//  not:  void   h(int   *C[10]);

--- end example]

8.3 - Meaning of declarators [dcl.meaning]

-1- A list of declarators appears after an optional (clause dcl.dcl) decl-specifier-seq (dcl.spec). Each declarator contains exactly one declarator-id; it names the identifier that is declared. The id-expression of a declarator-id shall be a simple identifier except for the declaration of some special functions (class.conv, class.dtor, over.oper) and for the declaration of template specializations or partial specializations (temp.spec). A declarator-id shall not be qualified except for the definition of a member function (class.mfct) or static data member (class.static) or nested class (class.nest) outside of its class, the definition or explicit instantiation of a function, variable or class member of a namespace outside of its namespace, or the definition of a previously declared explicit specialization outside of its namespace, or the declaration of a friend function that is a member of another class or namespace (class.friend). When the declarator-id is qualified, the declaration shall refer to a previously declared member of the class or namespace to which the qualifier refers, and the member shall not have been introduced by a using-declaration in the scope of the class or namespace nominated by the nested-name-specifier of the declarator-id. [Note: if the qualifier is the global :: scope resolution operator, the declarator-id refers to a name declared in the global namespace scope. ] In the qualified declarator-id for a class or namespace member definition that appears outside of the member's class or namespace, the nested-name-specifier shall not name any of the namespaces that enclose the member's definition. [Example:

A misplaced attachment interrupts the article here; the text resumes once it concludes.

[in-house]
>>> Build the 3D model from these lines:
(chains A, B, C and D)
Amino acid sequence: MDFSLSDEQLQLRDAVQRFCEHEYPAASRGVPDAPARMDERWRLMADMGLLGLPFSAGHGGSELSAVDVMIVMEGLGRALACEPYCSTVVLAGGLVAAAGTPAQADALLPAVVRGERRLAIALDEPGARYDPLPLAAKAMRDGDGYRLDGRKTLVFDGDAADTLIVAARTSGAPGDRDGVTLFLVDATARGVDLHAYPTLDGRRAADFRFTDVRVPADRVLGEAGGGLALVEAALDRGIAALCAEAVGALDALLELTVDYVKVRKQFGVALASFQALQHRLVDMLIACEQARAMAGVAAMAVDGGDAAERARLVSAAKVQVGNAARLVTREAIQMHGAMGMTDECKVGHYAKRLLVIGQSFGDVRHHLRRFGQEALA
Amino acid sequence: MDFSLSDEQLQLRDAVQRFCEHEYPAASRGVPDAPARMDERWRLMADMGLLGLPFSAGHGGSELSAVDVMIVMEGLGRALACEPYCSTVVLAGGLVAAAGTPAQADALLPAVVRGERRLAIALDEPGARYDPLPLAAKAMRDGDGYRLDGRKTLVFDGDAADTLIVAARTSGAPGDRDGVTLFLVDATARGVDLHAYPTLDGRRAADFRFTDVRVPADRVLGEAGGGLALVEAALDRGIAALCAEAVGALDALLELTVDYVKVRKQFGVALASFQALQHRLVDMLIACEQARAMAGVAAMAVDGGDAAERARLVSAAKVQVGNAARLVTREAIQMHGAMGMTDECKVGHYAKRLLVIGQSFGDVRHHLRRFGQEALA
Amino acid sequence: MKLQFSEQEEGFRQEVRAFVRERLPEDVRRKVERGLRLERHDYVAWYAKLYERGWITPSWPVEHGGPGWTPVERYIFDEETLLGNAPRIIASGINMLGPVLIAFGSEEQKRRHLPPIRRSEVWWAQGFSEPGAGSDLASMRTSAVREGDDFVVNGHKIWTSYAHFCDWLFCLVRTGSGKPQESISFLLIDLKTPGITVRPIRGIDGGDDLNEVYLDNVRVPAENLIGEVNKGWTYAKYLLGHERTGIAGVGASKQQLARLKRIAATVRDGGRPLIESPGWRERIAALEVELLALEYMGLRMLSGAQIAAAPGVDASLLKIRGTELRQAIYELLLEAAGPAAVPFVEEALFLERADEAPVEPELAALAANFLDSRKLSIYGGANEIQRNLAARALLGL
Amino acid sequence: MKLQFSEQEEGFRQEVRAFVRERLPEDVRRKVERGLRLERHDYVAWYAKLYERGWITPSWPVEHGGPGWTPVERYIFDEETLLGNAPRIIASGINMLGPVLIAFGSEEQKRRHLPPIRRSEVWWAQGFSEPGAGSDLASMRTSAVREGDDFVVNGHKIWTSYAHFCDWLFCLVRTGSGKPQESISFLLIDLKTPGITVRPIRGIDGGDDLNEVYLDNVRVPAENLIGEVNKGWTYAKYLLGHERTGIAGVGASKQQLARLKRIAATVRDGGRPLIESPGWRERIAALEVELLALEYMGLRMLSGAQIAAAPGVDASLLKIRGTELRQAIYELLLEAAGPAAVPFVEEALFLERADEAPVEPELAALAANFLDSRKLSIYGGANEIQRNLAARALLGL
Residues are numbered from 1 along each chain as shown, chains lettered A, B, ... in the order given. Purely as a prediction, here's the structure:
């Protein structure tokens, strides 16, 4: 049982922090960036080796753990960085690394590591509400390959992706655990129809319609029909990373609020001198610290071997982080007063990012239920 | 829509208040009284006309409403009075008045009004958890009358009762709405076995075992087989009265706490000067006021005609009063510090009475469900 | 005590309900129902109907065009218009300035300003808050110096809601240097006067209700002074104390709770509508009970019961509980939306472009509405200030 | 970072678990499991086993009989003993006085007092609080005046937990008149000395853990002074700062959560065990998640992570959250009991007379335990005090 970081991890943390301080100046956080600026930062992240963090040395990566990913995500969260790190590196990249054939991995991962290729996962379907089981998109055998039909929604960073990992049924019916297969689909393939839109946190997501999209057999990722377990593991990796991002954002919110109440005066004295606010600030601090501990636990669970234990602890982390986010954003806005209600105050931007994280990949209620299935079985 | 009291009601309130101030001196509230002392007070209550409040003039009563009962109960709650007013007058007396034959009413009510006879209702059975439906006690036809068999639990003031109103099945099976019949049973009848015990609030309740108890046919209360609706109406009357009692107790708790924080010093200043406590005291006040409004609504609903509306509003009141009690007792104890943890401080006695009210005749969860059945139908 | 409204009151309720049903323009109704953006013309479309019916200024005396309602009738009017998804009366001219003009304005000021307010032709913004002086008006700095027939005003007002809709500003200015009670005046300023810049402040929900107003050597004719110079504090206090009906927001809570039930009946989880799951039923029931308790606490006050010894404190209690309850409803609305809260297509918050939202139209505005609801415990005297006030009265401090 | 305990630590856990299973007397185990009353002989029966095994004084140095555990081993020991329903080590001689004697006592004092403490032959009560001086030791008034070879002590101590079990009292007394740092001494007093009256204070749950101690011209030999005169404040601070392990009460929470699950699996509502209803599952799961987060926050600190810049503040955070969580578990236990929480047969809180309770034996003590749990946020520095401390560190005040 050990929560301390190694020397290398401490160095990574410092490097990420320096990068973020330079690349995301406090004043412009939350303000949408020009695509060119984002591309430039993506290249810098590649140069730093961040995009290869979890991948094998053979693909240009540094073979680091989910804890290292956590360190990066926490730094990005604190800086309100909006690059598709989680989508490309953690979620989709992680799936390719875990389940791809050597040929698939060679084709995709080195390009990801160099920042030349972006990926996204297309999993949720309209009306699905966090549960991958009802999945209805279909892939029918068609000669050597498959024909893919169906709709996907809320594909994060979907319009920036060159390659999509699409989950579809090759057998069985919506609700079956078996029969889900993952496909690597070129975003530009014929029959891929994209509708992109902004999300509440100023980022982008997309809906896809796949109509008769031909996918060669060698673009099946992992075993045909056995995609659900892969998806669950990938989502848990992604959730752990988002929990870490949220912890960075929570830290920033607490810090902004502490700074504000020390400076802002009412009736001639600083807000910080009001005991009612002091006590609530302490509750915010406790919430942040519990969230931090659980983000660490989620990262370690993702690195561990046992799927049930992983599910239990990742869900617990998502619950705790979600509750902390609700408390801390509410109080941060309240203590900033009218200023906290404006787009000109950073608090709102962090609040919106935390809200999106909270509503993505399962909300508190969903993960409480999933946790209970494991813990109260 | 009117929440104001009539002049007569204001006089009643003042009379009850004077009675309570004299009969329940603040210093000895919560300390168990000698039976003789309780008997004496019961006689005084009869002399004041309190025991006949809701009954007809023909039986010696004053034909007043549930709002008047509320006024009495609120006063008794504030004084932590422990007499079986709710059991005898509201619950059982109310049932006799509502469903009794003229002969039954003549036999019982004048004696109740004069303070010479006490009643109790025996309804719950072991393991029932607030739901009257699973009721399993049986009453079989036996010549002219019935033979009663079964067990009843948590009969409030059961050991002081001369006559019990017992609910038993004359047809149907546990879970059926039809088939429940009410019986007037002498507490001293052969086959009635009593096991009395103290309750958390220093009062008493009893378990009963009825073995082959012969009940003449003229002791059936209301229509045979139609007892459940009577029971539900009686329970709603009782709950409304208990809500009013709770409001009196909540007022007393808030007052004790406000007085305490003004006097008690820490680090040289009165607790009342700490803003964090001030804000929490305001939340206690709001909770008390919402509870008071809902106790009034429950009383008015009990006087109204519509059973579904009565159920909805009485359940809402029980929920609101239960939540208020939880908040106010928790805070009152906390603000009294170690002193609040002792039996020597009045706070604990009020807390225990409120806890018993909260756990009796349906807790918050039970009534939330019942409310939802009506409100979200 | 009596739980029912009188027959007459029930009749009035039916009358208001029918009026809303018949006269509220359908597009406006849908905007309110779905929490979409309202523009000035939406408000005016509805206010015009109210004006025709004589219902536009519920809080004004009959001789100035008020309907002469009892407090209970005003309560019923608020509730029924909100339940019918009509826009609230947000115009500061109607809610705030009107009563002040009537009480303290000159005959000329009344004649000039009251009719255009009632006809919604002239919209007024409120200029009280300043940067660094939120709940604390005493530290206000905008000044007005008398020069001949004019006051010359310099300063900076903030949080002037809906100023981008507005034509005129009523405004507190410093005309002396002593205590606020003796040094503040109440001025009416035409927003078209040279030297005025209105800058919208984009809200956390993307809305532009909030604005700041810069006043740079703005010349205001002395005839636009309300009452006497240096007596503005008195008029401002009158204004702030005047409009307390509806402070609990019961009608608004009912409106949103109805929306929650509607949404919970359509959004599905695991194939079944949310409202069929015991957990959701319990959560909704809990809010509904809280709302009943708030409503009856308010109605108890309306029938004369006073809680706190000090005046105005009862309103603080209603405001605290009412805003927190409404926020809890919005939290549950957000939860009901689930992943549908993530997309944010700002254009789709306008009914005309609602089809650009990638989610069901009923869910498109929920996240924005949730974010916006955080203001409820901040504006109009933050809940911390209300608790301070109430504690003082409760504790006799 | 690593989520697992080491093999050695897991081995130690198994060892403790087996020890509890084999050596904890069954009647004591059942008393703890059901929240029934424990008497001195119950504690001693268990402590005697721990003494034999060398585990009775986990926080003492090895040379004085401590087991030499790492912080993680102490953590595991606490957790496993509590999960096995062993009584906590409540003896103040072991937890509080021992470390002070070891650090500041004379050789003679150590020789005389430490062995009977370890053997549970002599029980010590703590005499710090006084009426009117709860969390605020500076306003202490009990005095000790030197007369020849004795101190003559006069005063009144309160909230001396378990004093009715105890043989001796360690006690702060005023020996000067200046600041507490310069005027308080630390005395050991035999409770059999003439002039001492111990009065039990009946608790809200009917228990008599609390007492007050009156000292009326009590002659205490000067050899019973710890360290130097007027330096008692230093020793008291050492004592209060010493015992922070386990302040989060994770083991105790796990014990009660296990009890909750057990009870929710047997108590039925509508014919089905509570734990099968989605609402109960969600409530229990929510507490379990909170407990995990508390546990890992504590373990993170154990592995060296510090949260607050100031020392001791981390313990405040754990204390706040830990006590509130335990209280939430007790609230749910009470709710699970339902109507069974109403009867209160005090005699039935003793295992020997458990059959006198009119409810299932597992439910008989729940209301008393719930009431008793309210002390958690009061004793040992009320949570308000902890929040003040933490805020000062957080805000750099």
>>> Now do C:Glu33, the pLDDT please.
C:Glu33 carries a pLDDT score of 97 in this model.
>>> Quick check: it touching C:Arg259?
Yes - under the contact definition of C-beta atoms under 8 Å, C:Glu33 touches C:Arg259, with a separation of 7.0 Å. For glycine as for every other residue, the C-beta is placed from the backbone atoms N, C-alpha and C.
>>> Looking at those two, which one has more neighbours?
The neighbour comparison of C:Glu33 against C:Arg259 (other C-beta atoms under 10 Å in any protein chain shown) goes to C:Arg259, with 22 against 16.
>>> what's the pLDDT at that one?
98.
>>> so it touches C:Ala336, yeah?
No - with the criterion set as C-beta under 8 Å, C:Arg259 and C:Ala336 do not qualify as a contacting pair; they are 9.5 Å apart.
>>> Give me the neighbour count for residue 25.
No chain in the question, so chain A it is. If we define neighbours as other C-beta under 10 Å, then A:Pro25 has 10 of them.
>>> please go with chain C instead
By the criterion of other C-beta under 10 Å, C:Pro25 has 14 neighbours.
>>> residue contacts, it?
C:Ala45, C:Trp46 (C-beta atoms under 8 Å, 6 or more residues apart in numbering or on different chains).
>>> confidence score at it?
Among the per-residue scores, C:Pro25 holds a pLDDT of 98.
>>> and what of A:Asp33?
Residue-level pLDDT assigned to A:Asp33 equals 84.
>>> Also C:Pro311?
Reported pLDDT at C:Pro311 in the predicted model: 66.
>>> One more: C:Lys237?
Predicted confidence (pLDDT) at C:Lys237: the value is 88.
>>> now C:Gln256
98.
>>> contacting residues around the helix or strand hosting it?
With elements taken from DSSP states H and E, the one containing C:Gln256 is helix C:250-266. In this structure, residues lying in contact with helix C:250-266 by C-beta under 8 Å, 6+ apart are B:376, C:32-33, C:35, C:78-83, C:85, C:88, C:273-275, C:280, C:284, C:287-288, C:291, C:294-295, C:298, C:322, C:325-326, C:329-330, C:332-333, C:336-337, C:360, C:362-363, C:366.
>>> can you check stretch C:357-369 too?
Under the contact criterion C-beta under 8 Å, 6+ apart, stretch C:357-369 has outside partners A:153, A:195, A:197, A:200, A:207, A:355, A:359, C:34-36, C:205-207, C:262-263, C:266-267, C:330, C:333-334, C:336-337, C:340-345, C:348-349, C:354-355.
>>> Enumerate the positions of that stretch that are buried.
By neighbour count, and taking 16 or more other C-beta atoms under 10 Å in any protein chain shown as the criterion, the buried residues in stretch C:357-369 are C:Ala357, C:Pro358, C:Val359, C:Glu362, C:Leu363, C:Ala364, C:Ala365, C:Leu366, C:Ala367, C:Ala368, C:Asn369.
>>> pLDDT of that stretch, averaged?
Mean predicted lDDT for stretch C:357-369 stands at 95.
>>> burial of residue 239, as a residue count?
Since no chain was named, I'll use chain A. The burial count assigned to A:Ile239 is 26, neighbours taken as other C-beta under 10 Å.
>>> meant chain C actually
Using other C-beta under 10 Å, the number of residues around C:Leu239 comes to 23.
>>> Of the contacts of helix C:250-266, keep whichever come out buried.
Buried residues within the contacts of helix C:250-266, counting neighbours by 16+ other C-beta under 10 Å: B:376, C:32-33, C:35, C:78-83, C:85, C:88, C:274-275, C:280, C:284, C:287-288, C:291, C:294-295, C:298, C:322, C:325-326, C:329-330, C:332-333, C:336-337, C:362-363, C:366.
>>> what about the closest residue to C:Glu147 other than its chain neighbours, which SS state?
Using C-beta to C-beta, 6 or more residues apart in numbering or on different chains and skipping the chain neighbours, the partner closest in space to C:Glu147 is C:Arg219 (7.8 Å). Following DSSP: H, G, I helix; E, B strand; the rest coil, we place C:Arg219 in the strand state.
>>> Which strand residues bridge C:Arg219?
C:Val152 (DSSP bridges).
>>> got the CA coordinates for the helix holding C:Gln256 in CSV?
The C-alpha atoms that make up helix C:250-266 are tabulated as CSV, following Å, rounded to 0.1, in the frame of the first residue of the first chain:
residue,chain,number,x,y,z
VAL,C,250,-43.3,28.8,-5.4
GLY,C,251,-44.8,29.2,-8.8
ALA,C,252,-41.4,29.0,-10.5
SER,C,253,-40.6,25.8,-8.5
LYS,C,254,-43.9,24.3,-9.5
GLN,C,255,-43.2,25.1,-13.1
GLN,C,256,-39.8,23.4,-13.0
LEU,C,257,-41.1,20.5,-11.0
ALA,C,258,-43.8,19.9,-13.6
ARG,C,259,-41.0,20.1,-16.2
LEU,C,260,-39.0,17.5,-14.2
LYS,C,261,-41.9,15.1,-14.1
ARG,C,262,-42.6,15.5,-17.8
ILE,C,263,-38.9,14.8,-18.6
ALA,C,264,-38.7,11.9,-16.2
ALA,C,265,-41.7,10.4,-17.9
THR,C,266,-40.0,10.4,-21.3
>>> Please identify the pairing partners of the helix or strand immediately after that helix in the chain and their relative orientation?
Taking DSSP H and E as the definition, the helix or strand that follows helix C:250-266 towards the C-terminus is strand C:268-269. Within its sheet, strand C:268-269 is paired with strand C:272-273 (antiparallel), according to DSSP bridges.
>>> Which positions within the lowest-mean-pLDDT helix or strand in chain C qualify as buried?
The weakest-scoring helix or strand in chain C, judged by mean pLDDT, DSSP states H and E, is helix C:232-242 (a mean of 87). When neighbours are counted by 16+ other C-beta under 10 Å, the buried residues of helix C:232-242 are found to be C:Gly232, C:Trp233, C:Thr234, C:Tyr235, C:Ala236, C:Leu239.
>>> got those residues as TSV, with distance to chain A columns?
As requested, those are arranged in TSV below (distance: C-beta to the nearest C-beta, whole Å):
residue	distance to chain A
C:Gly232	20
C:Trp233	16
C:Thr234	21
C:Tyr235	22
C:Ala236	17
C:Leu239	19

namespace A {
	struct B {
		void f();
	void A::B::f() { }      //  ill-formed: the declarator must not be
				//  qualified with  A::

--- end example]

-2- An auto, static, extern, register, mutable, friend, inline, virtual, or typedef specifier applies directly to each declarator-id in a init-declarator-list; the type specified for each declarator-id depends on both the decl-specifier-seq and its declarator.

-3- Thus, a declaration of a particular identifier has the form

where T is a decl-specifier-seq and D is a declarator. Following is a recursive procedure for determining the type specified for the contained declarator-id by such a declaration.

-4- First, the decl-specifier-seq determines a type. In a declaration

the decl-specifier-seq T determines the type ``T.'' [Example: in the declaration
int unsigned i;
the type specifiers int unsigned determine the type ``"unsigned int"'' (dcl.type.simple). ]

-5- In a declaration T D where D is an unadorned identifier the type of this identifier is ``T.''

-6- In a declaration T D where D has the form

( D1 )
the type of the contained declarator-id is the same as that of the contained declarator-id in the declaration
T D1
Parentheses do not alter the type of the embedded declarator-id, but they can alter the binding of complex declarators.

8.3.1 - Pointers [dcl.ptr]

-1- In a declaration T D where D has the form

* cv-qualifier-seqopt D1